Software makes e-mail available over the phone

Infinite Technologies unveiled a messaging product last week that will allow PC users working outside the office to listen and reply to e-mail messages via the telephone.

Called Infinite Voice, the product makes it possible to listen, forward and respond to e-mail messages from any Touch-Tone phone. It also notifies users of incoming calls via e-mail and forwards e-mail messages to a fax machine.

Infinite Voice uses text-to-speech technology to "read" users their e-mail messages and then gives them the option to delete, reply to or forward the message. Users can reply to an e-mail message and attach a voice-mail message to it.

The product should appeal to government users who travel a lot, said Allan Carter, the marketing director at Infinite Technologies, Owings Mills, Md. "You don't have to change the entire system; you just add to the existing [e-mail] system, and it's not so expensive that you need to get a mandate from the president to buy it," Carter said. "I think it will appeal to anyone that is out of the office a lot."

Infinite Voice supports a wide variety of messaging products and standards, including Internet Message Access Protocol 4, Post Office Protocol 3, Simple Mail Transfer Protocol, Microsoft Corp.'s Mail and Exchange, Lotus Development Corp.'s cc:Mail and Notes, and Infinite Technologies' Connect2 e-mail system. Competing products, such as those from Novell Inc. and Octel Communications Corp., do not offer such broad support, he said. "Our technology is based on open standards. We're not making you go down a proprietary path."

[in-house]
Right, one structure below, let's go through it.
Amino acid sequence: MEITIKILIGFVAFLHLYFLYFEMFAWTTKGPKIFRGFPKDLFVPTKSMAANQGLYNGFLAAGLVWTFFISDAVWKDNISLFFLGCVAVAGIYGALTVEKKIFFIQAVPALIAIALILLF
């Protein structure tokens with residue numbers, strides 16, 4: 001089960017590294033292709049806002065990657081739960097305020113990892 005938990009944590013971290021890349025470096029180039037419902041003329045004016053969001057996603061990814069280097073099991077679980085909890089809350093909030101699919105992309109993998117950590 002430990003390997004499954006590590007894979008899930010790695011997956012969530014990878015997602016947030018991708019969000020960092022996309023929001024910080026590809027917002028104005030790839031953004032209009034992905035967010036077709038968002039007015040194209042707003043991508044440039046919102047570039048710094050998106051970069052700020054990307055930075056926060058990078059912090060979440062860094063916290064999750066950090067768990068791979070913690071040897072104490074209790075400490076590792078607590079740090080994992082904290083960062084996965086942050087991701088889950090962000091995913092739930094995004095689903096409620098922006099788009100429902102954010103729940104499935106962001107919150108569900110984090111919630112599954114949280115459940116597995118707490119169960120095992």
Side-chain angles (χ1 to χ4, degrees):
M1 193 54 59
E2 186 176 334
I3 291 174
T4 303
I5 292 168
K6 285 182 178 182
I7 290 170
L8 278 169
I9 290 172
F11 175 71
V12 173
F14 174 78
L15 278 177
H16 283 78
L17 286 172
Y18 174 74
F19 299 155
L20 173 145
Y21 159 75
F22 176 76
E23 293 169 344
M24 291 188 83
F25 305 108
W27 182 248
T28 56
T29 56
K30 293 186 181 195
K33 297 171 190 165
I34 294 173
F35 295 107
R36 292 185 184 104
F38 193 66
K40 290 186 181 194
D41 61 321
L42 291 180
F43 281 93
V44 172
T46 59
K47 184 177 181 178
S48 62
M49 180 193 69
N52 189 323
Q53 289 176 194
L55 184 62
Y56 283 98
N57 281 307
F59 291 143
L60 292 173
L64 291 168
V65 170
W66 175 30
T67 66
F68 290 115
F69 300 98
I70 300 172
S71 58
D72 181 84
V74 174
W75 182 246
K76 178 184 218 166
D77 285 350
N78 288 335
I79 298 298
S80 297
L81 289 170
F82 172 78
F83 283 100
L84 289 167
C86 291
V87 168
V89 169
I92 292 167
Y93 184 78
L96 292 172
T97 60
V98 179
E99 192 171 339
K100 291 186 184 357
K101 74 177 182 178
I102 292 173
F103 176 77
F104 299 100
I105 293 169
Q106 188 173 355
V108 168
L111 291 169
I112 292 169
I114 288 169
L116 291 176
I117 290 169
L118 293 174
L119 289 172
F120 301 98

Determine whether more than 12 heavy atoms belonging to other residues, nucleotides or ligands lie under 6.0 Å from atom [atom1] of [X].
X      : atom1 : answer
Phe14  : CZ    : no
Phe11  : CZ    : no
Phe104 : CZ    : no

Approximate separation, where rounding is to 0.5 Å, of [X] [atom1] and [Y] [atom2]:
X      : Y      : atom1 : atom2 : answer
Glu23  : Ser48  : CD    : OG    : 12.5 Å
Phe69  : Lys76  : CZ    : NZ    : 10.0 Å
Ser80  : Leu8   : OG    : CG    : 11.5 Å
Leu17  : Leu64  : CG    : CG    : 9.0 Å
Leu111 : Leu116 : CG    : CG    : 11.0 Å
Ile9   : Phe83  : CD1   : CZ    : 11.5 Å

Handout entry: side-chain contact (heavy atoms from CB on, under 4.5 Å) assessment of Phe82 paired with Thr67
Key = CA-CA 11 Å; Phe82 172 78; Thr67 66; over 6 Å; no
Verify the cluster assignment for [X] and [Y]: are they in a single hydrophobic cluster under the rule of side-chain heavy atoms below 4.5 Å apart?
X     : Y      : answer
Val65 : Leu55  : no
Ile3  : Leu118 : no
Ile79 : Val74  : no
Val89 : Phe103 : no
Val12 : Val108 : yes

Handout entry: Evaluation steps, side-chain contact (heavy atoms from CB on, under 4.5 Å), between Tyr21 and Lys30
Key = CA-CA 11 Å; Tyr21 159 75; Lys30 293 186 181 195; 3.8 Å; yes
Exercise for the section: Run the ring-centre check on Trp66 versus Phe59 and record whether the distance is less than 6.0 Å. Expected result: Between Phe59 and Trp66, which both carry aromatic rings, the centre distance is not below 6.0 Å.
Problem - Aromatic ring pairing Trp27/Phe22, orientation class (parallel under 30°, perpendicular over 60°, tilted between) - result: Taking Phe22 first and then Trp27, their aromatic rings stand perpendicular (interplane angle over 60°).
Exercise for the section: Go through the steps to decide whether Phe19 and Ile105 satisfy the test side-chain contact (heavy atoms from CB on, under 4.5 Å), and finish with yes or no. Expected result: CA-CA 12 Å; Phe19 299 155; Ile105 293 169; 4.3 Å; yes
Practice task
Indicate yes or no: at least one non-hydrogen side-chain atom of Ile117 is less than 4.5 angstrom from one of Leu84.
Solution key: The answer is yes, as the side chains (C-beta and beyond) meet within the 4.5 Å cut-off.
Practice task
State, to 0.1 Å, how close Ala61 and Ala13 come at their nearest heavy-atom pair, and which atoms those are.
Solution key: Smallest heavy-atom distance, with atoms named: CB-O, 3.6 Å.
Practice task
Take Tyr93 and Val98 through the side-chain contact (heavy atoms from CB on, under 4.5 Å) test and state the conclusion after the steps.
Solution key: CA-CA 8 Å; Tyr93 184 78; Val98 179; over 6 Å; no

In addition, Infinite Technologies emphasizes that Infinite Voice, at $249 for 10 users, is less expensive than providing remote users with a laptop and a modem. "We've done a lot of traveling, and we know how expensive it can be in terms of connection time and in finding a place to connect," Carter said. With Infinite Voice, the user can use a pay phone, an office phone or a cell phone.

System requirements for Infinite Voice include a standard phone line, a PC with a 90 MHz Pentium processor with 24M of memory, a Telephone Application Programming Interface-compliant voice modem or telephony card, and Microsoft Corp.'s Windows 95 or Windows NT 4.0. To use the system, a person dials an assigned phone number and then logs in using an ID and a password to access his mailbox.

Many products are starting to appear in this market niche as the idea of universal messaging catches on, said Sara Radicati, president of The Radicati Group Inc., a market research firm based in Palo Alto, Calif.

"There are many different definitions of unified messaging, but the concept is a single mailbox for voice and e-mail and [paging]," she said. "[So] it becomes important to take an e-mail message and read it to voice. This is starting to take off now because of this concept of unified messaging."

The product will be available July 1 directly from the company and through resellers. Meanwhile, 30-day trial versions will be available at www.InfiniteMail.

com. The company counts among its users the National Institutes of Health, the Navy, the Army and Randolph Air Force Base, Texas.


  • FCW Perspectives
    remote workers (elenabsl/

    Post-pandemic IT leadership

    The rush to maximum telework did more than showcase the importance of IT -- it also forced them to rethink their own operations.

  • Management
    shutterstock image By enzozo; photo ID: 319763930

    Where does the TMF Board go from here?

    With a $1 billion cash infusion, relaxed repayment guidelines and a surge in proposals from federal agencies, questions have been raised about whether the board overseeing the Technology Modernization Fund has been scaled to cope with its newfound popularity.

Stay Connected